You've spent weeks going to appointments, preparing your home, and getting healthy. Now it's time for surgery. You may feel relieved or nervous at this point.
Taking care of a few last-minute details can help make your surgery successful. Depending on the type of surgery you're having, follow any further advice from your doctor or nurse.
Two weeks before surgery, you may have been told to stop taking medicines that make it harder for your blood to clot. Among other drugs, this includes:
Take only the medicines your doctor has told you to take before surgery, including prescription medicines. If you're confused about which medicines to take the night before or the day of surgery, call your doctor.
Do not take any supplements, herbs, vitamins, or minerals before surgery unless your doctor said it is OK.
Bring a list of all your medicines to the hospital. Include the ones that you were told to stop taking before surgery. Make sure you write down the dose and how often you take them. If possible, bring your medicines in their containers.
You may take a shower or bath both the night before and the morning of surgery.
Your doctor or nurse may have given you a medicated soap to use. Read the instructions for how to use this soap. If you were not given medicated soap, use antibacterial soap that you can buy at the store.
Do not shave the area that will be operated on. The doctors or nurses will do that at the hospital, if needed.
Scrub your fingernails with a brush. Remove nail polish and makeup before you go to the hospital.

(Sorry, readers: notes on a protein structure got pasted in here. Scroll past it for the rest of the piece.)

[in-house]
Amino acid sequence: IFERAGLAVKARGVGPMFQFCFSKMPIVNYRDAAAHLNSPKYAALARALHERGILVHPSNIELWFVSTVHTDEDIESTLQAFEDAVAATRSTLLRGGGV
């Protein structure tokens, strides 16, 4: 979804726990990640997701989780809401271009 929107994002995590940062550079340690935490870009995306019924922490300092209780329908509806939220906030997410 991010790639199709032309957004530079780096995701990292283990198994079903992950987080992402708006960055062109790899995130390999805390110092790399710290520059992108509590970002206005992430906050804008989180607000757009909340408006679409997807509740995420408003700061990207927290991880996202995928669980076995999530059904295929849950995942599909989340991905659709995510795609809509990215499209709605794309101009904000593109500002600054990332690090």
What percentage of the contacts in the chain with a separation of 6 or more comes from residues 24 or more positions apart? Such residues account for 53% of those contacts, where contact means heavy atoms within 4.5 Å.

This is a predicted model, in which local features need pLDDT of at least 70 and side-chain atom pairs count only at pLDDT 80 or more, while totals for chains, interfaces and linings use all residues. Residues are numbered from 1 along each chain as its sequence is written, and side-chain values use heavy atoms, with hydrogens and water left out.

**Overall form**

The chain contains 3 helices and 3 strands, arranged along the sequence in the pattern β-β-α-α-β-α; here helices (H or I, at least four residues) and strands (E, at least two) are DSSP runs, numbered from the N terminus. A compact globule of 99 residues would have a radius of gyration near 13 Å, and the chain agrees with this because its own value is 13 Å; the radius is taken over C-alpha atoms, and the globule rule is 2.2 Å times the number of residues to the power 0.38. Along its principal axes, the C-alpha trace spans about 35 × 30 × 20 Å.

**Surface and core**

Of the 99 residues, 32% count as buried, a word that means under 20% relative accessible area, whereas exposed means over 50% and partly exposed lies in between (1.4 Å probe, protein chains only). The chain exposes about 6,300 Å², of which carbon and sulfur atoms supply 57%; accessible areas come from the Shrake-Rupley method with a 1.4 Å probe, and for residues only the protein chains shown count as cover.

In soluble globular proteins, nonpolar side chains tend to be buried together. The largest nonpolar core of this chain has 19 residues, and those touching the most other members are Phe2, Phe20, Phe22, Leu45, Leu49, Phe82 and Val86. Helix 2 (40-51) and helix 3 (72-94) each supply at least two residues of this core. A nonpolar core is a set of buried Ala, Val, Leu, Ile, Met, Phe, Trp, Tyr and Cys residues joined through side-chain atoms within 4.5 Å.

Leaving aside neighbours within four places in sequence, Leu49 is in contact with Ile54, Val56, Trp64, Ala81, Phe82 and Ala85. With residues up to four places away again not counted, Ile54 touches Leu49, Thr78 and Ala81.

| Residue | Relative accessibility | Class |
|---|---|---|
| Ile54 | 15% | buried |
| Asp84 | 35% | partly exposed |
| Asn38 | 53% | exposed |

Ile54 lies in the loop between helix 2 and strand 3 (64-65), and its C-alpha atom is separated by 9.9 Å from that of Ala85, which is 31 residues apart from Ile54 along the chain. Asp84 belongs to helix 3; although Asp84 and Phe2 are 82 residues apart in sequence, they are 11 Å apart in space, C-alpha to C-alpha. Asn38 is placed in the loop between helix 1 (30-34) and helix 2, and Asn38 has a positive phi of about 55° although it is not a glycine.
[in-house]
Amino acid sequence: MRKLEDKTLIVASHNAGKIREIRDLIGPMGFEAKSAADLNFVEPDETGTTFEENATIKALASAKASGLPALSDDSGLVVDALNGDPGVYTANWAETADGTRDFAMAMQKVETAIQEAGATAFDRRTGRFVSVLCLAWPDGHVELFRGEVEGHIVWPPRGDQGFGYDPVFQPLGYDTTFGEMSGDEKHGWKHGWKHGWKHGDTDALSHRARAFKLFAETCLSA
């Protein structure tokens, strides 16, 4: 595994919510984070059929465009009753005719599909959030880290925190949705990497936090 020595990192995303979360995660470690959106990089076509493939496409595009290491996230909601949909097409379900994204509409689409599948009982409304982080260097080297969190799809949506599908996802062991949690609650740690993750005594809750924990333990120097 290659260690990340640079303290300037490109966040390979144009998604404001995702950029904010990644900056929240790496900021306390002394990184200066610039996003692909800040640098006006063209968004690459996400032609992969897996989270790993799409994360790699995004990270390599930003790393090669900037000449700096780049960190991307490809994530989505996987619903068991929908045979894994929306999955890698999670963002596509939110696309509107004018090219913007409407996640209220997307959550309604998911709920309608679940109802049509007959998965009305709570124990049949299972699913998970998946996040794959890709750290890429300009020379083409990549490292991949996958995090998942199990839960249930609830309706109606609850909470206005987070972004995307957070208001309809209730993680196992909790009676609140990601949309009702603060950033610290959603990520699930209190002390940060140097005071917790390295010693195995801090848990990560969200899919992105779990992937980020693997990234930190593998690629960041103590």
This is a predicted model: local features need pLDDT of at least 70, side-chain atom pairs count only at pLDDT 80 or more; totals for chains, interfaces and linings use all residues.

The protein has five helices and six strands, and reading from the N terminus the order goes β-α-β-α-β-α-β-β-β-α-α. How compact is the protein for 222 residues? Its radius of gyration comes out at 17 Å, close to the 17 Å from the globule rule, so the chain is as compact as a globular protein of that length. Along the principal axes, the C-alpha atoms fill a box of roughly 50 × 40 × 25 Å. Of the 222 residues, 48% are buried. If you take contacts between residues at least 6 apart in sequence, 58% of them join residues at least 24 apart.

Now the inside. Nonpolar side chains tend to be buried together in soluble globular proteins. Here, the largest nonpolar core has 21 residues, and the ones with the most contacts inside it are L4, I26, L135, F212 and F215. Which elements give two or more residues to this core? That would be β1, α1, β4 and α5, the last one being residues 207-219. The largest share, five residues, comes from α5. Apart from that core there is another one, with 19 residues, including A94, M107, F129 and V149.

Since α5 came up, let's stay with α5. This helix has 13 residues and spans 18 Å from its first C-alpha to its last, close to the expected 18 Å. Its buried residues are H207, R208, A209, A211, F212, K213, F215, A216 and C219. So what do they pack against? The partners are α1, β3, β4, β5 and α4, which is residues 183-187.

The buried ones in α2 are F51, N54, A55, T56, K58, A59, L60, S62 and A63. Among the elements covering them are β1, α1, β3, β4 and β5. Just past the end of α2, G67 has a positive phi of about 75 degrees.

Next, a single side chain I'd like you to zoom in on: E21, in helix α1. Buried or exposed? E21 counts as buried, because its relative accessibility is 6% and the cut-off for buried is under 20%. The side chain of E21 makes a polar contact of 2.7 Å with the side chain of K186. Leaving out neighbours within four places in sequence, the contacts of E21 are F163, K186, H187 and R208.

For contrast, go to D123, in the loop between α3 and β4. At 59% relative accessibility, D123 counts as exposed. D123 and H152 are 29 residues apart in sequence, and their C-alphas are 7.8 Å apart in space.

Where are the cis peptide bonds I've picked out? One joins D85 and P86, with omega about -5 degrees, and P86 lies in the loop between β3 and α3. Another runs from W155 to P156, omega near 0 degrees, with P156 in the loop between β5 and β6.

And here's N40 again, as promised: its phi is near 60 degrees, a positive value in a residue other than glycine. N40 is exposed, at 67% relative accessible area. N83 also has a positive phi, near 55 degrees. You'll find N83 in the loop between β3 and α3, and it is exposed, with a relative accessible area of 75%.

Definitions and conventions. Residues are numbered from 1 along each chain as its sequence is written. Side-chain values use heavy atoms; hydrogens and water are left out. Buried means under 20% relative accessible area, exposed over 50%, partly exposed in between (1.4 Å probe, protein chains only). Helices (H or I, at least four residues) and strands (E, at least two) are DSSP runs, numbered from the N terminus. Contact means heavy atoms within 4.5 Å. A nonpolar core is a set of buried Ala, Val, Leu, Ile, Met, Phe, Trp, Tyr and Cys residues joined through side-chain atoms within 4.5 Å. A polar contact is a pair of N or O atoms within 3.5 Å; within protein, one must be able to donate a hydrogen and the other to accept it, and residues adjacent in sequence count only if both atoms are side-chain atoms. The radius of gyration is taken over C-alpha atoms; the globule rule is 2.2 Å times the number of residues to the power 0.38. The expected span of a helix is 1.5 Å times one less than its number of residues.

It is likely that you have been asked not to eat or drink after midnight. This usually means both solid foods and liquids.
You may brush your teeth and rinse your mouth in the morning. If you were told to take any medicine on the morning of surgery, you may take them with a sip of water.
If you do not feel well in the days before or on the day of surgery, call your surgeon's office. The symptoms your surgeon needs to know about include:
Personal care items:
Beauchamp RD, Higgins MS. Perioperative patient safety. In: Townsend CM, Beauchamp RD, Evers BM, Mattox KL, eds. Sabiston Textbook of Surgery. 19th ed. Philadelphia, PA: Elsevier Saunders; 2012:chap 10.
Updated by: Linda J. Vorvick, MD, Medical Director and Director of Didactic Curriculum, MEDEX Northwest Division of Physician Assistant Studies, Department of Family Medicine, UW Medicine, School of Medicine, University of Washington. Also reviewed by David Zieve, MD, MHA, Isla Ogilvie, PhD, and the A.D.A.M. Editorial team.
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